Cold War history is predicated upon the difference between East and West. To that end the history focuses on Moscow and Washington. Rarely do historians focus upon the satellite countries of the Eastern Bloc and to a lesser extent the Western bloc. Czechoslovakia, now known as the Czech Republic, offers an interesting insight into the Cold War. In 1968, the Prague Spring occurred where the leaders of Czechoslovakia desired to have a say in the manner in which communism was to govern their country. Leonid Brezhnev the Premiere of the USSR brutally crushed the Prague Spring by invading the country with 500,000 troops and 4,500 tanks to crush any questioning of the manner in which Eastern Bloc countries were governed. This was referred to as the Brezhnev Doctrine by which the USSr was able to intervene in Eastern Bloc countries without ramifications from the USA and NATO.
Train stations and tunnels in Prague double as nuclear shelters. The stations and tunnels can be closed off with the use of lead doors to protect the population. The cavities for these blast doors are clearly visible to the trained eye at the base of the escalators at the entrance to each platform.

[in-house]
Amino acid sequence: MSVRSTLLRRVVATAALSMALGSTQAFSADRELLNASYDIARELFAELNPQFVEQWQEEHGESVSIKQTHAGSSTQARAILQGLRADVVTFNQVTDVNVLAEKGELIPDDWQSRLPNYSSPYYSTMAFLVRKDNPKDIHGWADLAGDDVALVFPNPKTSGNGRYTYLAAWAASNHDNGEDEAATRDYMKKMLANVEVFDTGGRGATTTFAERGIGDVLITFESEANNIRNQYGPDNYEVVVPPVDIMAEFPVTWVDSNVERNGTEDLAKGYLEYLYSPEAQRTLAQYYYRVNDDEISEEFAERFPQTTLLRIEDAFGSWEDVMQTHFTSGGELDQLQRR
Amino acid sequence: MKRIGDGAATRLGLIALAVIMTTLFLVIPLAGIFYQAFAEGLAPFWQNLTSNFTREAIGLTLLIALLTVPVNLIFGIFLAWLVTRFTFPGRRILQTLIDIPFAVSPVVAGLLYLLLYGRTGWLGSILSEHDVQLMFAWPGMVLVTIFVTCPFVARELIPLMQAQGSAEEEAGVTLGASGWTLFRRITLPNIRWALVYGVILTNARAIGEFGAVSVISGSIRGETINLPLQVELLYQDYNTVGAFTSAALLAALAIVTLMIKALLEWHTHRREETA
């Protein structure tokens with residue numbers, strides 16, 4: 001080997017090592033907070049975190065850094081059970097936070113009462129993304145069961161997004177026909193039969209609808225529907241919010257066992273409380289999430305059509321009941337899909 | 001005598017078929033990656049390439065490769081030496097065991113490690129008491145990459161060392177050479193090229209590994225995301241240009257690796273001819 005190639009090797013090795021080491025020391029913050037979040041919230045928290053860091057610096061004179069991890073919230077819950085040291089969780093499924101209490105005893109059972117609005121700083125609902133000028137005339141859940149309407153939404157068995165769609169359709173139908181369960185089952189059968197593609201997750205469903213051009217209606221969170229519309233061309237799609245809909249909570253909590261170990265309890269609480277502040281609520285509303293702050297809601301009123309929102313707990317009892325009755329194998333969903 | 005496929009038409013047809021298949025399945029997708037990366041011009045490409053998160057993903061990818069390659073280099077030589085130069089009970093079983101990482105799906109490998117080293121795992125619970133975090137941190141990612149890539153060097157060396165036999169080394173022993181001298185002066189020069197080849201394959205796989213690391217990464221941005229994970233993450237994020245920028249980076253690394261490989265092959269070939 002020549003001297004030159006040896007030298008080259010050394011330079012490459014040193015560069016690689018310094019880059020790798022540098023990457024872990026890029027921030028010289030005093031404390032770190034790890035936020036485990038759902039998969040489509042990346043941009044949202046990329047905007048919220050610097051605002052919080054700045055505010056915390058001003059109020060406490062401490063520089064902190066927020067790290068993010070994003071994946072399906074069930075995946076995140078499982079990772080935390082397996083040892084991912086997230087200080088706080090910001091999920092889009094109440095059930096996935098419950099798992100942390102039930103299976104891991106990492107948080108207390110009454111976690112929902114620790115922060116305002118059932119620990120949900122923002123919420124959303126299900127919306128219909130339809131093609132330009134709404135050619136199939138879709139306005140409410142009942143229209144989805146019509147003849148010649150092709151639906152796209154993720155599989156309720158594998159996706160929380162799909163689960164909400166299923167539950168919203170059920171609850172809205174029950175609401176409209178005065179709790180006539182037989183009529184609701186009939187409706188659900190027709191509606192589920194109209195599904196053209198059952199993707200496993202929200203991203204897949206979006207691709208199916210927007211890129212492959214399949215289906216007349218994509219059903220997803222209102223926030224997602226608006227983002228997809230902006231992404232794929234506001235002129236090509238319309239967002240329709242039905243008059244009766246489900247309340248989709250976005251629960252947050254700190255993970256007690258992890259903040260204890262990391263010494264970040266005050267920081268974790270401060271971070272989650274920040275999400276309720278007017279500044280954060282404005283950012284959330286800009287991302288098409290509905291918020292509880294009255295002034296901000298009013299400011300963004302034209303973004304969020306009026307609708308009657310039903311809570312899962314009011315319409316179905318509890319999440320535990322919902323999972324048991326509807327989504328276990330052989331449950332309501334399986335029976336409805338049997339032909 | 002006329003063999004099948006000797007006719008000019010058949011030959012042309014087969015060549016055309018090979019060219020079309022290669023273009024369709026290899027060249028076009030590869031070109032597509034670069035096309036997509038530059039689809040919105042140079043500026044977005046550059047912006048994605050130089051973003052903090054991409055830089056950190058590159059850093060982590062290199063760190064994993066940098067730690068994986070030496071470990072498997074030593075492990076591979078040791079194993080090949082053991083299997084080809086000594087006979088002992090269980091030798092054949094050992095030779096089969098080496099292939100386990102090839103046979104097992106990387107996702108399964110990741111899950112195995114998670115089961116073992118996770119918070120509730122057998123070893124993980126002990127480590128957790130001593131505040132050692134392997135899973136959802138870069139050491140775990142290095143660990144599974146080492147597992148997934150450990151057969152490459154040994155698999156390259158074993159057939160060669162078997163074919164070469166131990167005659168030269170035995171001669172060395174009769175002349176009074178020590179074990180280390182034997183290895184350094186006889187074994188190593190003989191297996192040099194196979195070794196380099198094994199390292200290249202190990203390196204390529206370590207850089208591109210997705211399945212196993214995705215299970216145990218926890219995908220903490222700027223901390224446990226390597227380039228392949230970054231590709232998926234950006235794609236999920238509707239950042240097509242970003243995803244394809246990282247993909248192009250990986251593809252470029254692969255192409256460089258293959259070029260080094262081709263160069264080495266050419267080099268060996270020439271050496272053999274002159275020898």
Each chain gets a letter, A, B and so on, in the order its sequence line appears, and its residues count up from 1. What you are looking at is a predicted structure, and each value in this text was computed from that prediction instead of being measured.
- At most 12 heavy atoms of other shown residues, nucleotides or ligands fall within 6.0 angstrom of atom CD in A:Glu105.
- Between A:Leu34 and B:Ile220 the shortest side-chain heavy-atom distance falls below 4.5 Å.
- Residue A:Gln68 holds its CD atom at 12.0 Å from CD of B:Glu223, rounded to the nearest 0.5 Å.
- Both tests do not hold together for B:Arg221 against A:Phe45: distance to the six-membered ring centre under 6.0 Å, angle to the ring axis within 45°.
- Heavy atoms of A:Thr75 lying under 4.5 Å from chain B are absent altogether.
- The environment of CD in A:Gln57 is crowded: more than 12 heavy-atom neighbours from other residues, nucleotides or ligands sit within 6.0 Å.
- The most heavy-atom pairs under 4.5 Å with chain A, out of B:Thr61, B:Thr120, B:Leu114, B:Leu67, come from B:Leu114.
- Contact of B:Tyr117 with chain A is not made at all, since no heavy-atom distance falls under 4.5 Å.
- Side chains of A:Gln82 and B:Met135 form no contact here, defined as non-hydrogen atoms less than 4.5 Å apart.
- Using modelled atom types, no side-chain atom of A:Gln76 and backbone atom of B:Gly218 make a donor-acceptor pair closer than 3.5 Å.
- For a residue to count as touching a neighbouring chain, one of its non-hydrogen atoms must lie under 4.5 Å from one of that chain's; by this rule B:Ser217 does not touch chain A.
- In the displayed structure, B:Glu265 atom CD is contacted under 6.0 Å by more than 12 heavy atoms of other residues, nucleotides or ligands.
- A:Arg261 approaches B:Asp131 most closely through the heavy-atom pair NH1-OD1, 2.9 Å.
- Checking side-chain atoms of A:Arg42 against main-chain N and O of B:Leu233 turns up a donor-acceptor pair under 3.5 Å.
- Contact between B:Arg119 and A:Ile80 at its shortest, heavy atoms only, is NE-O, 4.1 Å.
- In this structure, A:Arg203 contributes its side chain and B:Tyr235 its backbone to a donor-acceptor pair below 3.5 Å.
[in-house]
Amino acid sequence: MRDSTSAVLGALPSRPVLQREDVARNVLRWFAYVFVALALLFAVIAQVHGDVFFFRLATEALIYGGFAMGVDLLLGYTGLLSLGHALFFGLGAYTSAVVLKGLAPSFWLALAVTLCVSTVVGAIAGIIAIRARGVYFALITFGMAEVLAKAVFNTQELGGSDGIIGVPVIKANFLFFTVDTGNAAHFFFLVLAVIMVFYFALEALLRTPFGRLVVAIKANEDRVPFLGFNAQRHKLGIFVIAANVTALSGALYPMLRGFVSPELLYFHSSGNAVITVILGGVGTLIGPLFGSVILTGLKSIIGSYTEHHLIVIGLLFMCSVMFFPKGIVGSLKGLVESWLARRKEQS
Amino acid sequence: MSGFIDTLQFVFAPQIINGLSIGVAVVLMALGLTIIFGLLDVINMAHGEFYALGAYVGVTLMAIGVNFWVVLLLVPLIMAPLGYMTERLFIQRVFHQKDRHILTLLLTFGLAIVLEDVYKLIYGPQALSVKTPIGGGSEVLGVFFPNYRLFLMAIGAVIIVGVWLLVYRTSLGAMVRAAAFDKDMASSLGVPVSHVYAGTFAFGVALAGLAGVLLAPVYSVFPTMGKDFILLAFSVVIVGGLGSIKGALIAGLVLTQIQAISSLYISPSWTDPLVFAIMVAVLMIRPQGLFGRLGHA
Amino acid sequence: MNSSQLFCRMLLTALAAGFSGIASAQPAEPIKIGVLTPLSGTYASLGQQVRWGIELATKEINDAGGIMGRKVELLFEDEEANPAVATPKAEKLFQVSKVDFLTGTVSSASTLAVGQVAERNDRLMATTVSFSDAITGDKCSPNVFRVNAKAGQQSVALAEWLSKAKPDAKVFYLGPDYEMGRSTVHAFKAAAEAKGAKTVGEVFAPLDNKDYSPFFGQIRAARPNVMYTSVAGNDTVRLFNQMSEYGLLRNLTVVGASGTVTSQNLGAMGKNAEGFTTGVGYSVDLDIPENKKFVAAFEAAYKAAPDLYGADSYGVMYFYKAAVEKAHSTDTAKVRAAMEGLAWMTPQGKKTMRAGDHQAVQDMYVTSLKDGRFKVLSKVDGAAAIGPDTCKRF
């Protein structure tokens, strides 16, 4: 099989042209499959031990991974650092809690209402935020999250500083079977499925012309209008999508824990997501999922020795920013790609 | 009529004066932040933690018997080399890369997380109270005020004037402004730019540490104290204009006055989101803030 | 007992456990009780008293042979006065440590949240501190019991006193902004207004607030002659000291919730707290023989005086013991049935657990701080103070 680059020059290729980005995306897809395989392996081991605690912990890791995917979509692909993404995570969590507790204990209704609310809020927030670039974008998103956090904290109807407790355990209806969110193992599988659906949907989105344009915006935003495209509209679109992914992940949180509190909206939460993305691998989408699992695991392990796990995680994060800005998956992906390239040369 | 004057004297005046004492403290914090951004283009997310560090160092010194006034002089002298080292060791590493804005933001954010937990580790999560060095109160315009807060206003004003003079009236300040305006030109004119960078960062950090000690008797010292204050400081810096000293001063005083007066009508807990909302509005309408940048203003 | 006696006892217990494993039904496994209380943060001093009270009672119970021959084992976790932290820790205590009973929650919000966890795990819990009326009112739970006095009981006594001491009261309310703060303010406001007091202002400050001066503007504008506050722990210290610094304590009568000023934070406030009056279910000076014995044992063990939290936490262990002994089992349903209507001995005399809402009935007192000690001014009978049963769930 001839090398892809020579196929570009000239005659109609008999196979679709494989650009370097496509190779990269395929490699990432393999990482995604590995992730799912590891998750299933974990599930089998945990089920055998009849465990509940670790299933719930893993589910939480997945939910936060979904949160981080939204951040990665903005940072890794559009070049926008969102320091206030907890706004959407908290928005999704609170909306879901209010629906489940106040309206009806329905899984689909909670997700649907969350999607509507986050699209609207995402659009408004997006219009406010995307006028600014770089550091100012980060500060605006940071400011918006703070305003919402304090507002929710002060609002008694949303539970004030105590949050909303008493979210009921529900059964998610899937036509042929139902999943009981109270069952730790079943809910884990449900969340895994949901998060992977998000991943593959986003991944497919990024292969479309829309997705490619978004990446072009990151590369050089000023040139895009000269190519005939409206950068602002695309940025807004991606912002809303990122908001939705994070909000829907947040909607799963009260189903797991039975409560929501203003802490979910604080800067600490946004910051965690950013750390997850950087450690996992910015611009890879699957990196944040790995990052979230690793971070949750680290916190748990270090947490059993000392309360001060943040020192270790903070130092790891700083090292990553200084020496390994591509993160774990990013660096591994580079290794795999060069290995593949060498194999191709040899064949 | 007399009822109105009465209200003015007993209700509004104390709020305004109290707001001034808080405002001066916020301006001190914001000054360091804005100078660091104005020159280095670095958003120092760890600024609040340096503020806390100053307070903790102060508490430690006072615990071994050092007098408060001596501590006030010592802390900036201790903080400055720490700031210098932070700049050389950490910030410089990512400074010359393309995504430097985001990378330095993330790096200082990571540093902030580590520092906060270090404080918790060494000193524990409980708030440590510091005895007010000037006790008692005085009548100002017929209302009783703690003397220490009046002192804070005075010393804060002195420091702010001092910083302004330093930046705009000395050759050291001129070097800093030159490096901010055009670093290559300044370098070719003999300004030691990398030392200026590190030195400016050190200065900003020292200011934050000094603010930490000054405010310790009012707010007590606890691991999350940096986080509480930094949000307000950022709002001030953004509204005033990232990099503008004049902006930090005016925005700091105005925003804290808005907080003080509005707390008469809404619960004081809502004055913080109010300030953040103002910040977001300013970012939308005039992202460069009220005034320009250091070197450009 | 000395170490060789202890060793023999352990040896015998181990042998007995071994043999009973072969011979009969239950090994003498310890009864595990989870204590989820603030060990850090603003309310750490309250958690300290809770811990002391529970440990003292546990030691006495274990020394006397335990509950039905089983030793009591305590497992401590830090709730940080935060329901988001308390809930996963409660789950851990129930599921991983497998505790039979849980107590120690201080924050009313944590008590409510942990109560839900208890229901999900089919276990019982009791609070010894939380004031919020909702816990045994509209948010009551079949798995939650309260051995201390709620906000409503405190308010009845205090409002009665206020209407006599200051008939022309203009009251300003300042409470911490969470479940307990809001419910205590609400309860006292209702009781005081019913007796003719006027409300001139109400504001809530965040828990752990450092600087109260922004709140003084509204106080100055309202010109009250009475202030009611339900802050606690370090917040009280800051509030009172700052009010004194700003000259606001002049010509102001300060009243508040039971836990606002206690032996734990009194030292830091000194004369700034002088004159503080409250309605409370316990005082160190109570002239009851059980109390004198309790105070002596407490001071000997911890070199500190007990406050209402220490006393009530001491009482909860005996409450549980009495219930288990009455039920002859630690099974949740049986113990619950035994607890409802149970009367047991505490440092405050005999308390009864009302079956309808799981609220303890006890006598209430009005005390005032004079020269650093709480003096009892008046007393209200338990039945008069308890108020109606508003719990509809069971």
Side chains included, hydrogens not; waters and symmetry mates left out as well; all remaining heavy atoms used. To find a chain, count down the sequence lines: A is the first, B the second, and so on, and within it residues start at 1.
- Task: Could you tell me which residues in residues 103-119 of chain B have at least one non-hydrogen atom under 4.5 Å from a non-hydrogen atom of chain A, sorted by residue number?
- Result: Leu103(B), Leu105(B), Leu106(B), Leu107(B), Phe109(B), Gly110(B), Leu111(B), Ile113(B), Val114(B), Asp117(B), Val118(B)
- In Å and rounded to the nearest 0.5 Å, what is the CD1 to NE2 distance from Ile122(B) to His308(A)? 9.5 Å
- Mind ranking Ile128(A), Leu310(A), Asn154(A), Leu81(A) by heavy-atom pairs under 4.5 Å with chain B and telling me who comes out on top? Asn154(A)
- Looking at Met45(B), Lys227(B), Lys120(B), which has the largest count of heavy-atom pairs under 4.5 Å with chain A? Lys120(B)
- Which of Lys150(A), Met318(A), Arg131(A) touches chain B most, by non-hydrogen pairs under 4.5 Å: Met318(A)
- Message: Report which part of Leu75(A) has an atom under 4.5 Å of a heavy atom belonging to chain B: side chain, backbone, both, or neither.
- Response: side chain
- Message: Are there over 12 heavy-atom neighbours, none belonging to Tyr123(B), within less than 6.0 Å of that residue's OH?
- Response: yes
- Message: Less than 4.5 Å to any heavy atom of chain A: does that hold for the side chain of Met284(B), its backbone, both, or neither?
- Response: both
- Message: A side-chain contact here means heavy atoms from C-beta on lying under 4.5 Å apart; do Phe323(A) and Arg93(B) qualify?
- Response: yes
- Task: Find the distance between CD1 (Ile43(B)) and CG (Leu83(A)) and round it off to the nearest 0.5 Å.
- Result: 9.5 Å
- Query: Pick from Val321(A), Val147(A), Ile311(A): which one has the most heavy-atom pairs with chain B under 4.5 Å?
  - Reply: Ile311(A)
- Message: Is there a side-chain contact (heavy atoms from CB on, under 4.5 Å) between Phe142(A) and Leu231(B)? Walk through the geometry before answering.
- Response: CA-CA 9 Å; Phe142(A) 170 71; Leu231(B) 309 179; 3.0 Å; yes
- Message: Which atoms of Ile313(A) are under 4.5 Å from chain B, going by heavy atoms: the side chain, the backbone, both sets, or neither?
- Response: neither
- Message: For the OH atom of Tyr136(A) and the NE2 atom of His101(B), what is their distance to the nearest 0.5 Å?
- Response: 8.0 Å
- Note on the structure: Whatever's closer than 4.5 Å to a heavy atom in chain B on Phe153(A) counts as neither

Near the Flora railway station is a large bunker which now houses the Nuclear Bunker Museum. The entrance to the bunker resembles a graffitied, walled basketball court. To the general public it is not immediately obvious or accessible. To gain access the bunker needs to be unlocked by a tour guide. The shelter was designed to protect approx 2,500 people. The blast door to the shelter is nearly 1 metre thick and leads to a double helix staircase - one side for entry and one side for exiting. The staircases go down 16 metres to the bunker proper.
Soviet ghosts: An empire in decay
Deputy Principal at a Sydney high school. Coordinating author of the new Geoactive book series.